A team of experts from NC State University and N.C. Central University has released a report detailing energy storage options that the North Carolina General Assembly (NCGA) can use to inform energy policy. The report has short- and long-term implications for both power grid and renewable energy development in North Carolina.
The report stems from language in House Bill 589, which was signed into law in July 2017. The legislation called for a study to “address how energy storage technologies may or may not provide value to North Carolina consumers based on factors that may include capital investment, value to the electric grid, net utility savings, net job creation, impact on consumer rates and service quality, or any other factors related to deploying one or more of these technologies. The study shall also address the feasibility of energy storage in North Carolina, including services energy storage can provide that are not being performed currently, the economic potential or impact of energy storage deployment in North Carolina, and the identification of existing policies and recommended policy changes that may be considered to address a statewide coordinated energy storage policy.”
The NCGA assigned the study to the NC Policy Collaboratory, which was previously established by the state legislature to utilize and disseminate the environmental research expertise of the University of North Carolina system for practical use by state and local government. The Collaboratory delegated the report to a team of more than a dozen experts, primarily based at NC State, and the final version was submitted to the NCGA on Dec. 3.
The expert panel drew on a wide range of research, and solicited stakeholder input, to assess the benefits and costs associated with a range of energy storage technologies – from lithium-ion batteries to pumped hydro.
“The stakeholder input process was important to capture the views of the more than 200 interested organizations and companies that participated at some level in our research discussions and had a desire to understand how storage could impact North Carolina’s energy future,” says Steve Kalland, executive director of the NC Clean Energy Technology Center at NC State.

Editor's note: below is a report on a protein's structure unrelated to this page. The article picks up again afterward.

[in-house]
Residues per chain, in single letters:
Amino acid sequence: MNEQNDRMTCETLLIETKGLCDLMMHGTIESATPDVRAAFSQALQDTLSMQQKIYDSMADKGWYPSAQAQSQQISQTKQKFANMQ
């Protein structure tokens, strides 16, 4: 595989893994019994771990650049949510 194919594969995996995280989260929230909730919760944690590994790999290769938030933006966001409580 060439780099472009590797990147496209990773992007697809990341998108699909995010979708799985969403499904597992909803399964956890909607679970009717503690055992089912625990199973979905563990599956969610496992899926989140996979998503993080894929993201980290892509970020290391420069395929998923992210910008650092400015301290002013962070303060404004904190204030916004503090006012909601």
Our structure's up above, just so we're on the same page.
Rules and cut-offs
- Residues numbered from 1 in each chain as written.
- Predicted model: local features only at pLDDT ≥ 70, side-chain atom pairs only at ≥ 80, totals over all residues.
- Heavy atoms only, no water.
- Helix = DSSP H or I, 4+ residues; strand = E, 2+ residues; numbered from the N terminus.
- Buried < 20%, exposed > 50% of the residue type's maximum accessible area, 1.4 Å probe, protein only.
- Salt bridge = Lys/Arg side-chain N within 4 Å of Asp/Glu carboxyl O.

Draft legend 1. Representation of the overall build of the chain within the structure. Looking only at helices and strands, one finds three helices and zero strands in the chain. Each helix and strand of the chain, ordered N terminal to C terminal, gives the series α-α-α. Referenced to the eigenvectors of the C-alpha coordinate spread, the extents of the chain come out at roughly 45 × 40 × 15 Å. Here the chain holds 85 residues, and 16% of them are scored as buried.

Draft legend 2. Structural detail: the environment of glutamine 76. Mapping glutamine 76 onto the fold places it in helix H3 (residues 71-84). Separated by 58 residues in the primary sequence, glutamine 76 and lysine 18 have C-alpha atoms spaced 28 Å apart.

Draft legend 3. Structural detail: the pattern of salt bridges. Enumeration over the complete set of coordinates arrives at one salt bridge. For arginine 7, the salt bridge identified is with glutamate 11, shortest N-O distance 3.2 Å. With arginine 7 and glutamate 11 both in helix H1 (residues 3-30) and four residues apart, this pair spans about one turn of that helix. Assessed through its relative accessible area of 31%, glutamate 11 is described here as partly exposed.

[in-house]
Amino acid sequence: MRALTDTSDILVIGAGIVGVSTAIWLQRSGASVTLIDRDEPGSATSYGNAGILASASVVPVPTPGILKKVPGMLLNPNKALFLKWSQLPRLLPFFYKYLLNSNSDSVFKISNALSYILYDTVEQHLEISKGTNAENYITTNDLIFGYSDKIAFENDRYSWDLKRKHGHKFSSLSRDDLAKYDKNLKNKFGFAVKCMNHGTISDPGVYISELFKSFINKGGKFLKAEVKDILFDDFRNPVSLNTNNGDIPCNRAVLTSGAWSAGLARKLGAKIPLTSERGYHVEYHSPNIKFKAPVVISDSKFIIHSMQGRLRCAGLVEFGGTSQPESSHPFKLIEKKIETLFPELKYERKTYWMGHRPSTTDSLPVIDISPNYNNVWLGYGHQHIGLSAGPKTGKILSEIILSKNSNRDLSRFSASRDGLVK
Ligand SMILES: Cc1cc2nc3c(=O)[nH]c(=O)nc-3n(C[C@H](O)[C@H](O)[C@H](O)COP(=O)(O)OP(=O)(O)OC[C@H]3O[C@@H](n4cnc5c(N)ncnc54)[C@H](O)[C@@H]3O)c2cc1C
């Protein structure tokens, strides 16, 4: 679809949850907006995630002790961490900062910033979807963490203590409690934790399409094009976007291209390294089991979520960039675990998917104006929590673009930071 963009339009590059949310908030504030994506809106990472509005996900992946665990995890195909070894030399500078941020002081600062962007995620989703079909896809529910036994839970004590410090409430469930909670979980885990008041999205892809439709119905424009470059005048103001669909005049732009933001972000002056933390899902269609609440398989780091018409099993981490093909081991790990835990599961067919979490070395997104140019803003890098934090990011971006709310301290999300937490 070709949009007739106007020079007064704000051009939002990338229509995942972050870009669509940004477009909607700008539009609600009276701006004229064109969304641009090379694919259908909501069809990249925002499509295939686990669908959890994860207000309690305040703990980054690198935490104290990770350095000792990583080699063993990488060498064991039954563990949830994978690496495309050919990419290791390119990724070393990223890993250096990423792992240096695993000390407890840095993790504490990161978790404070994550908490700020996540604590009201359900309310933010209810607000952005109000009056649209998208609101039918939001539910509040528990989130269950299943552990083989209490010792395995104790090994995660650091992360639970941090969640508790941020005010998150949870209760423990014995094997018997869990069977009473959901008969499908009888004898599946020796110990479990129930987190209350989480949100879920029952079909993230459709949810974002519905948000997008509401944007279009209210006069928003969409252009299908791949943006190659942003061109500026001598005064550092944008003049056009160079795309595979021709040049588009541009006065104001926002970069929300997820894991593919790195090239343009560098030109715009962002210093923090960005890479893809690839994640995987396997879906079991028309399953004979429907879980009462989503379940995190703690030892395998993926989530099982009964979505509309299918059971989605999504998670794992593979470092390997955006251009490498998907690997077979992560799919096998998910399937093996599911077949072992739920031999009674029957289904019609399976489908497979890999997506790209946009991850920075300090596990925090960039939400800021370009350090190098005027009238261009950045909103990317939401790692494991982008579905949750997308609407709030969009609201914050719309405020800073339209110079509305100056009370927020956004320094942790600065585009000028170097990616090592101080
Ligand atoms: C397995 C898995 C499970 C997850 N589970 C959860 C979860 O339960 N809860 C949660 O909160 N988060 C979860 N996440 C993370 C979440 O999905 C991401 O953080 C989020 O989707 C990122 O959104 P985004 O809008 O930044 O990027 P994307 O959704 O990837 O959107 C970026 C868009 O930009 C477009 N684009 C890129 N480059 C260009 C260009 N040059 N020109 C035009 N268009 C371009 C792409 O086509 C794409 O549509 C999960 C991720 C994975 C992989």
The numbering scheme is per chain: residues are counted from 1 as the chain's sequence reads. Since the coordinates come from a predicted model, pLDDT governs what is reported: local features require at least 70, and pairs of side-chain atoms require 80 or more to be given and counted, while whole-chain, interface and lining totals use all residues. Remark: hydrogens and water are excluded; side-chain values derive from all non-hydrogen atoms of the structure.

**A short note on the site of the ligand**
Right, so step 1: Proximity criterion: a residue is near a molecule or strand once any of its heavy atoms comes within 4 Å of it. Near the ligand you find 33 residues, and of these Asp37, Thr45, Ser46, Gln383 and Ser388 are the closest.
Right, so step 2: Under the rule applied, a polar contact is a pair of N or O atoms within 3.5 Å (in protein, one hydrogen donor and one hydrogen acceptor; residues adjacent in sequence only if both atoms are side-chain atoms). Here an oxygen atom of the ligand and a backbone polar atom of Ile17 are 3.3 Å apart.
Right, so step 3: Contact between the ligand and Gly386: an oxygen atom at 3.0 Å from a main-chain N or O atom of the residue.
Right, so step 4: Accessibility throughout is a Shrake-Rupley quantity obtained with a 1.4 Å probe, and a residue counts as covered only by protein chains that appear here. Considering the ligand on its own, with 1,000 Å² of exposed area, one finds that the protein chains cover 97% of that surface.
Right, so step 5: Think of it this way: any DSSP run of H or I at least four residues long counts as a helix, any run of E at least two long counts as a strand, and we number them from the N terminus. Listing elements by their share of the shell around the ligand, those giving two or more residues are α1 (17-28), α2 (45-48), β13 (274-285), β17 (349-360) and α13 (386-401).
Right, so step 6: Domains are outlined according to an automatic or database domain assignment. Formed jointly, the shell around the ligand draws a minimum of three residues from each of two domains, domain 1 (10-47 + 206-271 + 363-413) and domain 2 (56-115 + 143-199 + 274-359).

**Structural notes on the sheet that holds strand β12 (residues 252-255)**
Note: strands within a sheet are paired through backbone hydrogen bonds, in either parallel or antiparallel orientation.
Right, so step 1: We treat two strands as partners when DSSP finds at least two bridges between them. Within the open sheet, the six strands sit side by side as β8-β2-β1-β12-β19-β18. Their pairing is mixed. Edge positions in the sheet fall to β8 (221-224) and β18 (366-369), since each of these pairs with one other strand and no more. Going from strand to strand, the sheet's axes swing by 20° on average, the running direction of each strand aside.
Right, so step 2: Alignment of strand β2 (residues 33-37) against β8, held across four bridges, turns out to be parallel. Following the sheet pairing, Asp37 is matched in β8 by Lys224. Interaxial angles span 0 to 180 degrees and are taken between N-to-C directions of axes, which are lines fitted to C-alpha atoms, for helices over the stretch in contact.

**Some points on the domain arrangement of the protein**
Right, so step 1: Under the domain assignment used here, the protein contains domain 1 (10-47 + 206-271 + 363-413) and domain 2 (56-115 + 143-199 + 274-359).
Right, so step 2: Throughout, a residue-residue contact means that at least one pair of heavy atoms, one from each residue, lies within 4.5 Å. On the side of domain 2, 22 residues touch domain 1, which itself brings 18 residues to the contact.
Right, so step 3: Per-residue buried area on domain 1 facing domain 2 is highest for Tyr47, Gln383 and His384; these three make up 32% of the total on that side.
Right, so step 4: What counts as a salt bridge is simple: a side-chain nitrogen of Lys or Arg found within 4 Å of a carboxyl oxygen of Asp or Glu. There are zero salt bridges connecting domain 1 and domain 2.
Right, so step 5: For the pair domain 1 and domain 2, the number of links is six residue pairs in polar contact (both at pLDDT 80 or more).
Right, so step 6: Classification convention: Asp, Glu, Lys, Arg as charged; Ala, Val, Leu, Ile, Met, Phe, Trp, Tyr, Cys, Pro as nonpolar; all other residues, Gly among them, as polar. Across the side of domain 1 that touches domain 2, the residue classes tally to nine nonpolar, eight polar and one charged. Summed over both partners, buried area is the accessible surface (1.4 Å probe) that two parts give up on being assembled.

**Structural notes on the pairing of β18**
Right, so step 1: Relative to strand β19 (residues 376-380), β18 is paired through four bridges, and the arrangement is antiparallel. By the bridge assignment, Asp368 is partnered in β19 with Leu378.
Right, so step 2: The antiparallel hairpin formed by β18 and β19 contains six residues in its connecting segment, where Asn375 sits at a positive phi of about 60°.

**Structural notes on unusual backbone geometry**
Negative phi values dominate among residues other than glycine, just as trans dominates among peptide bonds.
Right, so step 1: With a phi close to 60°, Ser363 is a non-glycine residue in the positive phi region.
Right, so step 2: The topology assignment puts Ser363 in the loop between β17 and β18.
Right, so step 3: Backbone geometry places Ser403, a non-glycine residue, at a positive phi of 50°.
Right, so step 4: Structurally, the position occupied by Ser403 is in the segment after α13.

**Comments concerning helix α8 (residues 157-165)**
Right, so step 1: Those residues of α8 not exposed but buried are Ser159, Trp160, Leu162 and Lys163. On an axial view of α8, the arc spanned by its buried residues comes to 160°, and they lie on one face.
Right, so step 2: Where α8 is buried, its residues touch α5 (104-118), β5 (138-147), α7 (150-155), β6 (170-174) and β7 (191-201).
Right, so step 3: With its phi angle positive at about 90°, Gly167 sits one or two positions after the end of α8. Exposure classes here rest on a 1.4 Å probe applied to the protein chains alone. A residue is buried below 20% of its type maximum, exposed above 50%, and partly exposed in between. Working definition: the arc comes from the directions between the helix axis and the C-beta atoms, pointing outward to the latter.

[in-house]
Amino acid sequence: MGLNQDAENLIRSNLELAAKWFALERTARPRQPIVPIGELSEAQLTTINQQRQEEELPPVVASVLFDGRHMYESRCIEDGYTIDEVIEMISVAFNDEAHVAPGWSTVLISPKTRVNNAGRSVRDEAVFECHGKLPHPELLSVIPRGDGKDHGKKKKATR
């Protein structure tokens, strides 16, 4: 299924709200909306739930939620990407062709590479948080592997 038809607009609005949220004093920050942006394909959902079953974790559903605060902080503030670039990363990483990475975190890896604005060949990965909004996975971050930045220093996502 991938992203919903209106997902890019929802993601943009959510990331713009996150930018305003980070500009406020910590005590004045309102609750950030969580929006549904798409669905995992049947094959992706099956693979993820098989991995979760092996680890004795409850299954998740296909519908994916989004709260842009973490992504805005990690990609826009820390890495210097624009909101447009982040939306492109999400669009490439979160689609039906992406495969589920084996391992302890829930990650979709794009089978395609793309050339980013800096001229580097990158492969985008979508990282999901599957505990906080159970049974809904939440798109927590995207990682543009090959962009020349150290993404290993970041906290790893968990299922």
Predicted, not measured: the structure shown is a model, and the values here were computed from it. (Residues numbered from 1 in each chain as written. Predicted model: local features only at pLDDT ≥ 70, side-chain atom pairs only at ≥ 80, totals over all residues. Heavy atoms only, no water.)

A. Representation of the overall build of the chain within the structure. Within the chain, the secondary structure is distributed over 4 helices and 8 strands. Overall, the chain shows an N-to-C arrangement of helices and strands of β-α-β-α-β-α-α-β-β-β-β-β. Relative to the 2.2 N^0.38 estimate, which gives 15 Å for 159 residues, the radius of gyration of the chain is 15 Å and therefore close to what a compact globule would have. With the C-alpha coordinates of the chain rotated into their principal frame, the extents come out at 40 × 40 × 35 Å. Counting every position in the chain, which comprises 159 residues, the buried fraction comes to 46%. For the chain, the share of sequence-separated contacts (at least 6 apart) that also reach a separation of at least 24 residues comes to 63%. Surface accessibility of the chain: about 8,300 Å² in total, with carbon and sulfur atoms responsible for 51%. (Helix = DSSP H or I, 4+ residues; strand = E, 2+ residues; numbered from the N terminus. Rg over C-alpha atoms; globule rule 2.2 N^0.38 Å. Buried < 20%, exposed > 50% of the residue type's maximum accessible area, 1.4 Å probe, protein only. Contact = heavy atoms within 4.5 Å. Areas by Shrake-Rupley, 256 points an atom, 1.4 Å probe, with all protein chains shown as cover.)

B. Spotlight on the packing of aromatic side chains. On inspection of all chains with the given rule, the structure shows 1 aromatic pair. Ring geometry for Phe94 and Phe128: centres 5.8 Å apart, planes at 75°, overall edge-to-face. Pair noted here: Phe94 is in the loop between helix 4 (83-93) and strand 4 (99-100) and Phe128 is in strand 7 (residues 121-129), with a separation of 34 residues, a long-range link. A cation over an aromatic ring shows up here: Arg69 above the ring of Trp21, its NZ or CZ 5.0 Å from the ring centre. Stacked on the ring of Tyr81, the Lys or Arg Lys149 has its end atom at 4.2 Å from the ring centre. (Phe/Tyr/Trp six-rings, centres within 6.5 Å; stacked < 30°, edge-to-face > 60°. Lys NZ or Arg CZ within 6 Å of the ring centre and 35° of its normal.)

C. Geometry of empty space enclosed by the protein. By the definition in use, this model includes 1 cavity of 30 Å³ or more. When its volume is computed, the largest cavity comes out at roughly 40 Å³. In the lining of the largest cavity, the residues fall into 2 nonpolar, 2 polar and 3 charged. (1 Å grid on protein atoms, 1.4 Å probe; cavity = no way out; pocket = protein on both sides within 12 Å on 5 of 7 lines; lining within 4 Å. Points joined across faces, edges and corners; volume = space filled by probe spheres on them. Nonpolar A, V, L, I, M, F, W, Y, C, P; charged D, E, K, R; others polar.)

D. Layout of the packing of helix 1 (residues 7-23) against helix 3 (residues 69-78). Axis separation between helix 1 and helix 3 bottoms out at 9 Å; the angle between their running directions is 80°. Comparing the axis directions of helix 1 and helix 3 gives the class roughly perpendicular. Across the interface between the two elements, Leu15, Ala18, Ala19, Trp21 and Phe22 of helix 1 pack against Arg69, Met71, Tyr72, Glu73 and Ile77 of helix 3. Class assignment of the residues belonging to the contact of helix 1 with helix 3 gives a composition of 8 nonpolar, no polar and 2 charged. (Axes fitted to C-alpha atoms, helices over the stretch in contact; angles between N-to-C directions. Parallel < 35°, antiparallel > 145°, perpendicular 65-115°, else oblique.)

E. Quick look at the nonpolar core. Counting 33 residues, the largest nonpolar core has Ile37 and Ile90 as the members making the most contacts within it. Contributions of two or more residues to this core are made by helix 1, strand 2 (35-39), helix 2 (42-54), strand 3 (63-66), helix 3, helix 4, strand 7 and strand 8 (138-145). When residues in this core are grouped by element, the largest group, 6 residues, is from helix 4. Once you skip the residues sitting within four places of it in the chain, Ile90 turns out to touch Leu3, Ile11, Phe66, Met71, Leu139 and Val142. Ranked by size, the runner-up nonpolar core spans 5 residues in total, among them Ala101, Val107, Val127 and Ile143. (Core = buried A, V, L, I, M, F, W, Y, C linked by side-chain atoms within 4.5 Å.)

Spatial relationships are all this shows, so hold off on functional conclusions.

In terms of costs, the panel evaluated each of the available technologies based on current data. However, given the rapid – and ongoing – decline in lithium-ion battery costs, the team also included projected costs for that technology in 2030.
The researchers also looked at a range of potential benefits associated with varying degrees of energy storage capacity.
“For example, in the moderate range of capacity, like the 300 megawatts of energy storage capacity Duke Energy has proposed to build over the next 15 years, power storage could offset the construction of a gas power plant,” says Jeremiah Johnson, a member of the energy storage team and an associate professor at NC State.
“At the high end, more than a gigawatt, you offset the need for multiple power plants – and potentially provide the infrastructure necessary to expand the development of renewable power sources, such as wind or solar,” Johnson says.
“But energy storage has value beyond its relevance to renewable energy,” says Joseph DeCarolis, also a member of the study team and an associate professor at NC State. “For example, power utilities have to balance electricity generation and consumer demand. Energy storage gives utilities a potentially more efficient way to do this, driving down costs.”
After completing their evaluation, the experts compiled a range of policy options that fall into three broad categories stakeholders and decision-makers may wish to consider:
- Prepare: these policies aim to help address potential gaps or areas of uncertainty that might otherwise hinder the deployment of cost-effective energy storage.
- Facilitate: these policies are focused on helping either increase the value or decrease the cost of energy storage in the near-term.
- Accelerate: these policies could substantially increase the pace of energy storage deployment in the state.
“Options within these three categories are not necessarily mutually exclusive,” says Christopher Galik, a member of the team and associate professor at NC State. “In fact, they could complement each other. Much would depend on the particular set of policies chosen, not to mention the details of how policies are designed and implemented.”
“We were fortunate to have access to a broad range of professionals with relevant expertise, and we made use of that expertise to compile a suite of options that gives policymakers what they need to make informed decisions,” DeCarolis says. “And we’re making our data and calculations available for public review.
“Because we offer a range of options, rather than championing any specific approach, proponents of any particular energy storage strategy may be dissatisfied. But our job was to outline the costs and benefits, opportunities and challenges, associated with energy storage. And that’s what we’ve done.”